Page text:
"Nobody knew that we were signing Tyson Chandler," McDonough said. "I think the fact that he just showed up with our group—we had heard that’s a guy that he’s always wanted to play with. Their games complement each other very well. I think that’s when it got real, that’s when it got serious."
The pitch itself came in waves. First Aldridge met with Suns owner Robert Sarver, followed by a big-picture meeting with McDonough and senior adviser Lon Babby on the team's basketball operations. Then came a talk with head coach Jeff Hornacek and assistant Earl Watson, who had played the last season of his career with Aldridge in Portland. Chandler, Knight, and Bledsoe then met with Aldridge independently to make their case before the full group reconvened.
The feedback from Aldridge's group was positive enough that the Suns began to pursue the logistical means to sign him. Tyson Chandler's acquisition would eat up most of the team's existing cap space, even after accounting for Knight's more accommodating cap hold. A max contract for Aldridge, then, would require that the Suns shed enough salary to squeeze in both deals—along with those of the other core players and prospects on the roster—under the cap.
Phoenix could have waited. The very first day of free agency, however, had already seen cap space around the league dry up as teams pounced on their primary targets with huge, long-term offers. Each passing day would reduce the number of trade partners who could potentially absorb Suns players into their salary cap space, thus increasing the chance that Phoenix would have to give up a valued asset to make the numbers work.
So began talks between the Suns and Pistons on a deal that would send Marcus Morris, Reggie Bullock, and Danny Granger to Detroit while clearing an additional $8.4 million in salary from Phoenix's books.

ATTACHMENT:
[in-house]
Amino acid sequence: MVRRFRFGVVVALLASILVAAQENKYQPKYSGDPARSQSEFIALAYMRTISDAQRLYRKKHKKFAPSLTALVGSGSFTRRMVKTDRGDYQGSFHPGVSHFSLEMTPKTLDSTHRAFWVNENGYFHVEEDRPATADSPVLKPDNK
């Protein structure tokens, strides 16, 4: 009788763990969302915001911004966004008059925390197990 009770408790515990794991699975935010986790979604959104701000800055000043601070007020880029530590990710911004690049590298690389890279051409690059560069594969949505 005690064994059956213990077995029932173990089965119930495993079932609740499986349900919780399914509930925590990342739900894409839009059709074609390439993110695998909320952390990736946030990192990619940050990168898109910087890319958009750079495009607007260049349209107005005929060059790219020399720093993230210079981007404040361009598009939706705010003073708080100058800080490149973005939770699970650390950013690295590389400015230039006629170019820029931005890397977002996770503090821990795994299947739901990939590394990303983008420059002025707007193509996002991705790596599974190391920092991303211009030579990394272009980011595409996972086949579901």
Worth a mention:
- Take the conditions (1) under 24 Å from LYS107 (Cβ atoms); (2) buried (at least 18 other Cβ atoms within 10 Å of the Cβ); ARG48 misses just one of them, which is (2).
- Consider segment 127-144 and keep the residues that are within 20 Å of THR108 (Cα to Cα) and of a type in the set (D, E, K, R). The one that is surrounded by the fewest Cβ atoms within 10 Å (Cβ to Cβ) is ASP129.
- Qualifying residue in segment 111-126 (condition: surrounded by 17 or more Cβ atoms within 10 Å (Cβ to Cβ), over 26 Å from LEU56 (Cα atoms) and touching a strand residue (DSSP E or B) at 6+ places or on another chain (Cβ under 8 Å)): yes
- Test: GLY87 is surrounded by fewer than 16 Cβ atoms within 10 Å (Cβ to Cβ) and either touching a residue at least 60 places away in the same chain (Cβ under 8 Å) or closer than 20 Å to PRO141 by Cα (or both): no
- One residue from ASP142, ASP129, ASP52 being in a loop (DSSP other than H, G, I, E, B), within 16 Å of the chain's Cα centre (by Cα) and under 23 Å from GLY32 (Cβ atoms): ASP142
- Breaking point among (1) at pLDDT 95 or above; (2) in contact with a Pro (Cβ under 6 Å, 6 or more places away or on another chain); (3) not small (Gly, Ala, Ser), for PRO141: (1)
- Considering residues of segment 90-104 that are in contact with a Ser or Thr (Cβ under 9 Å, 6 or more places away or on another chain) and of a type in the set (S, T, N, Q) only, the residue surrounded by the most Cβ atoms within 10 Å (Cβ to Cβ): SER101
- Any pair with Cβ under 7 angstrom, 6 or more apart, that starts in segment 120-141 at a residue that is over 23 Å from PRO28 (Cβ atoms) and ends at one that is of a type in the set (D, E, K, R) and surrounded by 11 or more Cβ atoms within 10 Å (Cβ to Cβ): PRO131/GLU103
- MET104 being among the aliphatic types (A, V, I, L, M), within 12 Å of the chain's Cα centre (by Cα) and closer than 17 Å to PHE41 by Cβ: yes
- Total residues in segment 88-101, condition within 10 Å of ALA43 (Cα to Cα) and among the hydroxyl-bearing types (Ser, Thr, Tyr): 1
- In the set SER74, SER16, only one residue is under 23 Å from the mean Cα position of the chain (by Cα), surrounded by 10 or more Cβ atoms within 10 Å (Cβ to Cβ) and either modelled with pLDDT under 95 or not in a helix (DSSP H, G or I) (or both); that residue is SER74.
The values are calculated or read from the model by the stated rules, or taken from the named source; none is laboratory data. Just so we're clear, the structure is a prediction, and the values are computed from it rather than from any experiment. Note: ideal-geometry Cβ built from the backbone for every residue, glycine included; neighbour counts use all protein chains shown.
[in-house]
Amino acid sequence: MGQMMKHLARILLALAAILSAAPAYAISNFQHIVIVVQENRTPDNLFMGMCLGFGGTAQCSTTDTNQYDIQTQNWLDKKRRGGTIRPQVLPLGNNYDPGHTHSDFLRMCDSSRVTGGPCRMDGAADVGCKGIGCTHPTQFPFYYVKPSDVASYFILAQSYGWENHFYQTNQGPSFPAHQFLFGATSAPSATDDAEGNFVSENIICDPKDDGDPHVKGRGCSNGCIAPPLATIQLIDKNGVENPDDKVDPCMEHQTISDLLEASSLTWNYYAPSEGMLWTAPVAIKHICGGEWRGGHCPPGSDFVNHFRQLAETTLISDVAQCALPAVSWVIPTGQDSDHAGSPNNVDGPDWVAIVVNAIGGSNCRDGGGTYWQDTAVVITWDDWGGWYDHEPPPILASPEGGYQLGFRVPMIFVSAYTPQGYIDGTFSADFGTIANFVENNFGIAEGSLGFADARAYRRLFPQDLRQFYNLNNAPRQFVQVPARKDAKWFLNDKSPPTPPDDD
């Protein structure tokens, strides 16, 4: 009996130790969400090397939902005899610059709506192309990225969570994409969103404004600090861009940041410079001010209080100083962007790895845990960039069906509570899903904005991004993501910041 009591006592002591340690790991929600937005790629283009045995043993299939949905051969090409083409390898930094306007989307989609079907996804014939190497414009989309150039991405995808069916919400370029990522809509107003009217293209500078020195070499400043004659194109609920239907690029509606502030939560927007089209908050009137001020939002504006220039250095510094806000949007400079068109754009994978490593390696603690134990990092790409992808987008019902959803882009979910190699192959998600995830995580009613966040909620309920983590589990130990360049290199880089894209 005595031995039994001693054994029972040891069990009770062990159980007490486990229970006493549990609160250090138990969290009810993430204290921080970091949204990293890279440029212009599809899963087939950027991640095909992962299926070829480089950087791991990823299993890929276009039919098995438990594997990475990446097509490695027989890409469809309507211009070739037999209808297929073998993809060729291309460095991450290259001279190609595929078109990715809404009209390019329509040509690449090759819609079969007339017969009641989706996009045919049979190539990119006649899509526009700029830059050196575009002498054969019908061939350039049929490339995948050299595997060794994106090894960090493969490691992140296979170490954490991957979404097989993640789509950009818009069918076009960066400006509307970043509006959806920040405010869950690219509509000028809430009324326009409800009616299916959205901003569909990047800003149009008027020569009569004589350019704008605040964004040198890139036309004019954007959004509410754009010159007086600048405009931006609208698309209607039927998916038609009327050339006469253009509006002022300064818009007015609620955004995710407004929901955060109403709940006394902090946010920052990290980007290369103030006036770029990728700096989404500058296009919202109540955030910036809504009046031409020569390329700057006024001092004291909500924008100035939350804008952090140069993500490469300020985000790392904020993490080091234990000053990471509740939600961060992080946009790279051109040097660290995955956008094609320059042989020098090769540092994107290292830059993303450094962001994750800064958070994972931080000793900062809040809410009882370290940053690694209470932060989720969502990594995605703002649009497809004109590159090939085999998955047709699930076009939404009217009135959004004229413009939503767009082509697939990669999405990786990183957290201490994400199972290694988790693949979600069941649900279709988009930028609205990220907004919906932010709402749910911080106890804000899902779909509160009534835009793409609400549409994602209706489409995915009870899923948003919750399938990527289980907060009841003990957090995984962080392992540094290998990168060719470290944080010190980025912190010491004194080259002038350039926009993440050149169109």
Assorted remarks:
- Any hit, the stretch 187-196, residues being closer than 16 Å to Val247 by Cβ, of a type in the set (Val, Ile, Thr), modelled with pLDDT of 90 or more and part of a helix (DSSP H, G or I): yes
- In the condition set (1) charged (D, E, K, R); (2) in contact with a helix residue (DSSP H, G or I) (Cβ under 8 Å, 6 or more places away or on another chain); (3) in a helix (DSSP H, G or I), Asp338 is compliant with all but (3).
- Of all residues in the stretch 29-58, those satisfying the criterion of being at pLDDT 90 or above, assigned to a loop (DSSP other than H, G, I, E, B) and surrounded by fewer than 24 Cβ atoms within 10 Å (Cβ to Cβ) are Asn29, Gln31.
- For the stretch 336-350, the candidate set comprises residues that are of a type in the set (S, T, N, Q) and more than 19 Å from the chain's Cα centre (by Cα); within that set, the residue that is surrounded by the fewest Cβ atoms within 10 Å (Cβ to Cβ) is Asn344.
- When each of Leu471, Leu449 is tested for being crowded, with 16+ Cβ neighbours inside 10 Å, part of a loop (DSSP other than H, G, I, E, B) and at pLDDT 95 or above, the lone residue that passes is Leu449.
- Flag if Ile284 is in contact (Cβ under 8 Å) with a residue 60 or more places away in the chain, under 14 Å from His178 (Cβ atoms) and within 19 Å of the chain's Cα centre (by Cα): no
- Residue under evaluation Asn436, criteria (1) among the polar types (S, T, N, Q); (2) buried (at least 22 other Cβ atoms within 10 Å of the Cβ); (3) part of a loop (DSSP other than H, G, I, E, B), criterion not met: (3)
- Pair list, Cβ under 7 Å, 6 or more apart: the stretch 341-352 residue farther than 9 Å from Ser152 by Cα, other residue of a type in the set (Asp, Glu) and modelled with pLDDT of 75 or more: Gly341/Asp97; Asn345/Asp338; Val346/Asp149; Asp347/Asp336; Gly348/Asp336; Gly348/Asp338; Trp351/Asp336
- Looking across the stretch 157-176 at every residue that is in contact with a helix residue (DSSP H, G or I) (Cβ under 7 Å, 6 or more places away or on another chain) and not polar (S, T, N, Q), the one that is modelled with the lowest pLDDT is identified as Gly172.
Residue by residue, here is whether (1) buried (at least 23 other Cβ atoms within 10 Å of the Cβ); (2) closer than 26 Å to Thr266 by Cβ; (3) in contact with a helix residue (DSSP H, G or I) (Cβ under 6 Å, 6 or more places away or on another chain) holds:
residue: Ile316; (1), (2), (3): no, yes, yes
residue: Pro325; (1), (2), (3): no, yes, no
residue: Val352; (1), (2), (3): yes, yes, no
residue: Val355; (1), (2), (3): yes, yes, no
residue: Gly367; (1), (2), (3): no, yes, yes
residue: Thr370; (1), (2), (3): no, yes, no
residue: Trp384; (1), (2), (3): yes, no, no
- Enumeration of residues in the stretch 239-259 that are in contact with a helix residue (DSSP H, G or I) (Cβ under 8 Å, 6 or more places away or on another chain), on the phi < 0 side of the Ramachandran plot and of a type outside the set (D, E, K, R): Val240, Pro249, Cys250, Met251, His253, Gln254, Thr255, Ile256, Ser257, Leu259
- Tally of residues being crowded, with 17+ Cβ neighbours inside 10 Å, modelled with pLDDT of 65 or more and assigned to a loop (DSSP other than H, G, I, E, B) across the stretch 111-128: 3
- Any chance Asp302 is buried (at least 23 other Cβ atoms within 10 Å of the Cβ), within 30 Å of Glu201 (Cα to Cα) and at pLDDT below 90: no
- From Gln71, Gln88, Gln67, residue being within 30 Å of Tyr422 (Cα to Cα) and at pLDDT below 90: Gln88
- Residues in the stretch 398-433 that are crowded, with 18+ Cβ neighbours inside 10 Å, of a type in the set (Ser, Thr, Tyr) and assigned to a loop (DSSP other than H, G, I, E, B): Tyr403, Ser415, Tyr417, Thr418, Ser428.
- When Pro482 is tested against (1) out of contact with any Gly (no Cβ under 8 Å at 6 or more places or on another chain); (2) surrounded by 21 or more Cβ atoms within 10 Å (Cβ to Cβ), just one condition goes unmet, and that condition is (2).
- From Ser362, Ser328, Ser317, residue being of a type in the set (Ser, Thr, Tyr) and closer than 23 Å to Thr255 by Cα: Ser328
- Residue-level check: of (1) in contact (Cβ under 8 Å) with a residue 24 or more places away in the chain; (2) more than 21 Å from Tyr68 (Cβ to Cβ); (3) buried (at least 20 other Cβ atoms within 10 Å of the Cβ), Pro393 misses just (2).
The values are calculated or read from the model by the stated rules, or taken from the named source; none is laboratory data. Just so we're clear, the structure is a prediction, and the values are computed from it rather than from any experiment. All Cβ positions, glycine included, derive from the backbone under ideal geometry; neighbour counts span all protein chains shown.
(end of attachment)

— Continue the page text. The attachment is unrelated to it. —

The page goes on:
"We decided it was a deal we would have done independently of whether we got LaMarcus or not, just for roster balance and future flexibility reasons," McDonough said.
Built into that trade calculus was the opportunity cost of keeping the Suns' better prospects buried in the playing rotation. Second-year forward T.J. Warren—who dominated in a short D-League stint and was one of the top scorers at the Las Vegas Summer League for two years running—played all of 614 minutes for Phoenix last season to Marcus Morris's 2,045. A trade would cleanly create opportunities for Warren without sacrificing any crucial players while clearing salary for Aldridge in an especially volatile market.
"I feel great," McDonough said. "We were in the final two. It’s a bit disappointing to end up with a silver medal or get second place or however you want to put it, but I feel good about the effort that we did all we could. Hopefully it’ll put Phoenix on the map as a place that the elite free agents want to look at. And hopefully, one of these years, we’ll land one."
Phoenix rallied well, too, in using the cap space that had been earmarked for Aldridge. Fitting in another max deal would likely have required the Suns to unload even more salary at the cost of depth. Instead, Phoenix was able to keep those players while building out its bench further—including the addition of floor-stretching forward Mirza Teletovic.
Teletovic was born to play in Phoenix. His size and shooting ability make him an ideal fit as a stretch four, where he'll clear lanes for Chandler's rolls, Morris's post-ups, and the drives of Bledsoe and Knight. That Teletovic was even available at all, though, is a stroke of good fortune; Phoenix was able to sign the 29-year-old forward to a one-year, $5.5 million contract due to the fact that the Nets eventually rescinded their qualifying offer and made Teletovic an unrestricted free agent. Rather than sort through the tangle of potentially overpaying Teletovic just to discourage Brooklyn from matching their offer, the Suns were able to present more agreeable terms.
"That made it a lot easier to negotiate a deal," McDonough said. "We’ve been looking for a stretch big ever since Channing Frye left to go to the Orlando Magic. Mirza’s a guy who had a hip injury this past season and had the scary incident with the blood clots but if you look the year before that he shot 39% from three on a high volume of attempts. That’s kind of how we play in Phoenix. We try to get up and down and score a lot in transition. Then if we can’t do that, we try to space the floor and shoot a lot of threes and we feel like Mirza checked a lot of boxes for us."
That Teletovic does so at no long-term cost whatsoever fits the team's build. Phoenix is in a position, cap-wise, to be as pliable as ever: Flexible enough to make a deadline move to enhance its playoff contention, able to play the long game with developing players, and set to make significant moves next summer without giving up many (or any, if preferred) of its projected rotation players. Even as the roster improves, the Suns' capacity to surprise endures.